Scientists in the latest and most comprehensive study to date predicts up to one and half foot of sea level rise by 2050 in the US, threatening coastal cities like New York and Miami.
Human-caused climate change driven by the burning of fossil fuels is causing US sea level to rise faster within the next 30 years than they did in the past 100 years, according to the latest projections by the National Oceanic and Atmospheric Administration (NOAA), NASA and five other federal agencies.
The multi-agency report predicts that oceans along the US coastlines will rise as much as 30 centimetres (12 inches) by 2050, which will lead to significantly more coastal flooding and cause tidal and storm surge to become more severe.
“Sea levels are continuing to rise at a very alarming rate,” said Bill Nelson, administrator of the National Aeronautics and Space Administration. “And it’s endangering communities around the world.”
The rate of global sea level rise is currently at its fastest in more than 3,000 years. For every extra inch of sea water, it exacerbates flooding during hurricanes – in which the US is particularly prone to – and damages to buildings, as well as it infiltrates sewers, storm drains and drinking water reservoirs in the coastal regions.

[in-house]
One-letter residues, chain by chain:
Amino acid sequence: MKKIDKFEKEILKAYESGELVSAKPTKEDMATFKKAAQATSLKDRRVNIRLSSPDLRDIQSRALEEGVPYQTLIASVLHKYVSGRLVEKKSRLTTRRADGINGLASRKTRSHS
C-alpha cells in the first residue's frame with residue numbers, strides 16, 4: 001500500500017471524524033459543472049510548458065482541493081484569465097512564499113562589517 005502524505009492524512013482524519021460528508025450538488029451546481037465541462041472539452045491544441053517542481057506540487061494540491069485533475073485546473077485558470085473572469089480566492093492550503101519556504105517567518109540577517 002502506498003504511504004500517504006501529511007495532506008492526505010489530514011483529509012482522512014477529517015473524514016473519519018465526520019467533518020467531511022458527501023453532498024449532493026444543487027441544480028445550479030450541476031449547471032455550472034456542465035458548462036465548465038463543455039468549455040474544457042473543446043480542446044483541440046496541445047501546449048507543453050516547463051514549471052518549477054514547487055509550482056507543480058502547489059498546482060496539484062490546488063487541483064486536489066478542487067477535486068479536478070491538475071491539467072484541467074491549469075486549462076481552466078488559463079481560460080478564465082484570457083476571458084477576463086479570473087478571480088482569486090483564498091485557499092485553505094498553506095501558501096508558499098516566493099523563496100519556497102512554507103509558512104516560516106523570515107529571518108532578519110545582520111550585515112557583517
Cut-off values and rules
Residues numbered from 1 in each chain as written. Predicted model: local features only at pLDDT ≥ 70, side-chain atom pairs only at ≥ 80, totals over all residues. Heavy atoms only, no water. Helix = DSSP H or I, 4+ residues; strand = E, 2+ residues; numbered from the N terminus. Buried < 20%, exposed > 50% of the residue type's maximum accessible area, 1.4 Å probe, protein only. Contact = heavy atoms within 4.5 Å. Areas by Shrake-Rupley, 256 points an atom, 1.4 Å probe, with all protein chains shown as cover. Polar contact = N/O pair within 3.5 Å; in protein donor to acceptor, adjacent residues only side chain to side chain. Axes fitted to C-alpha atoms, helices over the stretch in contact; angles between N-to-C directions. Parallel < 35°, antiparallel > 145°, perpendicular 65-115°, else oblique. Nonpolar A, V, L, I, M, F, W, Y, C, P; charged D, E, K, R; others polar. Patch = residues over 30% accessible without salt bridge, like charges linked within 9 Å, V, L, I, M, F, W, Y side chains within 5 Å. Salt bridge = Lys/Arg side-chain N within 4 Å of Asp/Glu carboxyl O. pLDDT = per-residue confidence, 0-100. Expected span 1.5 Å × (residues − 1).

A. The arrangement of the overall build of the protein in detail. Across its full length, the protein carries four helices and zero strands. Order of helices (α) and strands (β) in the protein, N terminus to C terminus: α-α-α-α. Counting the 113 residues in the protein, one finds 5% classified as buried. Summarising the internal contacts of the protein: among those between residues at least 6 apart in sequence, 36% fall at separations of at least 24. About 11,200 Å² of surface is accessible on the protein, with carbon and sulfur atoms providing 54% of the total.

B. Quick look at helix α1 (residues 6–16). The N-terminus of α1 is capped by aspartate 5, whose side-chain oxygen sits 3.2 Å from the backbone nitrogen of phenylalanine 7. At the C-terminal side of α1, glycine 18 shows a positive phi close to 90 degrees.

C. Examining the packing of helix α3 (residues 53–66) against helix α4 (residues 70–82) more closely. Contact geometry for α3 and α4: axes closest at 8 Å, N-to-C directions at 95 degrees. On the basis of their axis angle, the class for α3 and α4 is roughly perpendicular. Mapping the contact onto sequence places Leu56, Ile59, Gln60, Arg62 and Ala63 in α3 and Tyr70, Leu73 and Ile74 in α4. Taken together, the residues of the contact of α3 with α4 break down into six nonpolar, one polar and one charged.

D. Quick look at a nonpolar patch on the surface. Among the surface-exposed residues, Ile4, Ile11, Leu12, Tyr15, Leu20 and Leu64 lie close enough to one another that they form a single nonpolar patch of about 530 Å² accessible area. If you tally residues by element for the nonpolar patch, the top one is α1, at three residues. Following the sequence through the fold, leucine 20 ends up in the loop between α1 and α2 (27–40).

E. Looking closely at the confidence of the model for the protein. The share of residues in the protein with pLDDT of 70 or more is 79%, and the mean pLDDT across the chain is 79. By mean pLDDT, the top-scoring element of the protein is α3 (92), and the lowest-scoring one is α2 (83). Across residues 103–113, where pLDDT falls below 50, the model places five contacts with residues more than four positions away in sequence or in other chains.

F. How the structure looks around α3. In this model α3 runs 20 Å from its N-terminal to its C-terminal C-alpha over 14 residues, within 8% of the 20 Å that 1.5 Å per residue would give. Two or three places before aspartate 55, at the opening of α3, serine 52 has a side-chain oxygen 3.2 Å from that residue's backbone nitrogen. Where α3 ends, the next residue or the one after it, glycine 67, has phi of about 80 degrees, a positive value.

The latest report provides the most concrete and certain sea level projections ever published for the US, put together by 24 top climate scientists from across the federal government and academia. And advances in computer models and real-world information about rising seas make for even more accurate projections.
Image by: Owen Mulhern/Earth.Org
Authors of the report say that the East Coast, particularly coastal cities such as New York and Miami, will be hit harder than most. The former could experience sea level rise by two feet as early as 2055. High-tide flooding has already more than doubled in New York since 2000 and now occurs 10 to 15 times a year.
They also predict about a foot and half of sea level rise by 2050 is expected for the Gulf Coast, pointing specifically to Texas to Mississippi, where extraction of underground oil, gas and drinking water is causing the land to rapidly collapse into the rising ocean water.
Scientists warn that we need to adapt a lot quicker and improve climate resilience to keep up with accelerating sea level rise, and change how we build homes, roads and other infrastructure. Despite clear signs of climate change, development in flood-prone cities is in fact increasing. But the message is clear: we need to reduce greenhouse gas emissions or sea level rise could reach up to eight feet high by the end of the century if we continue our dependence on fossil fuels.
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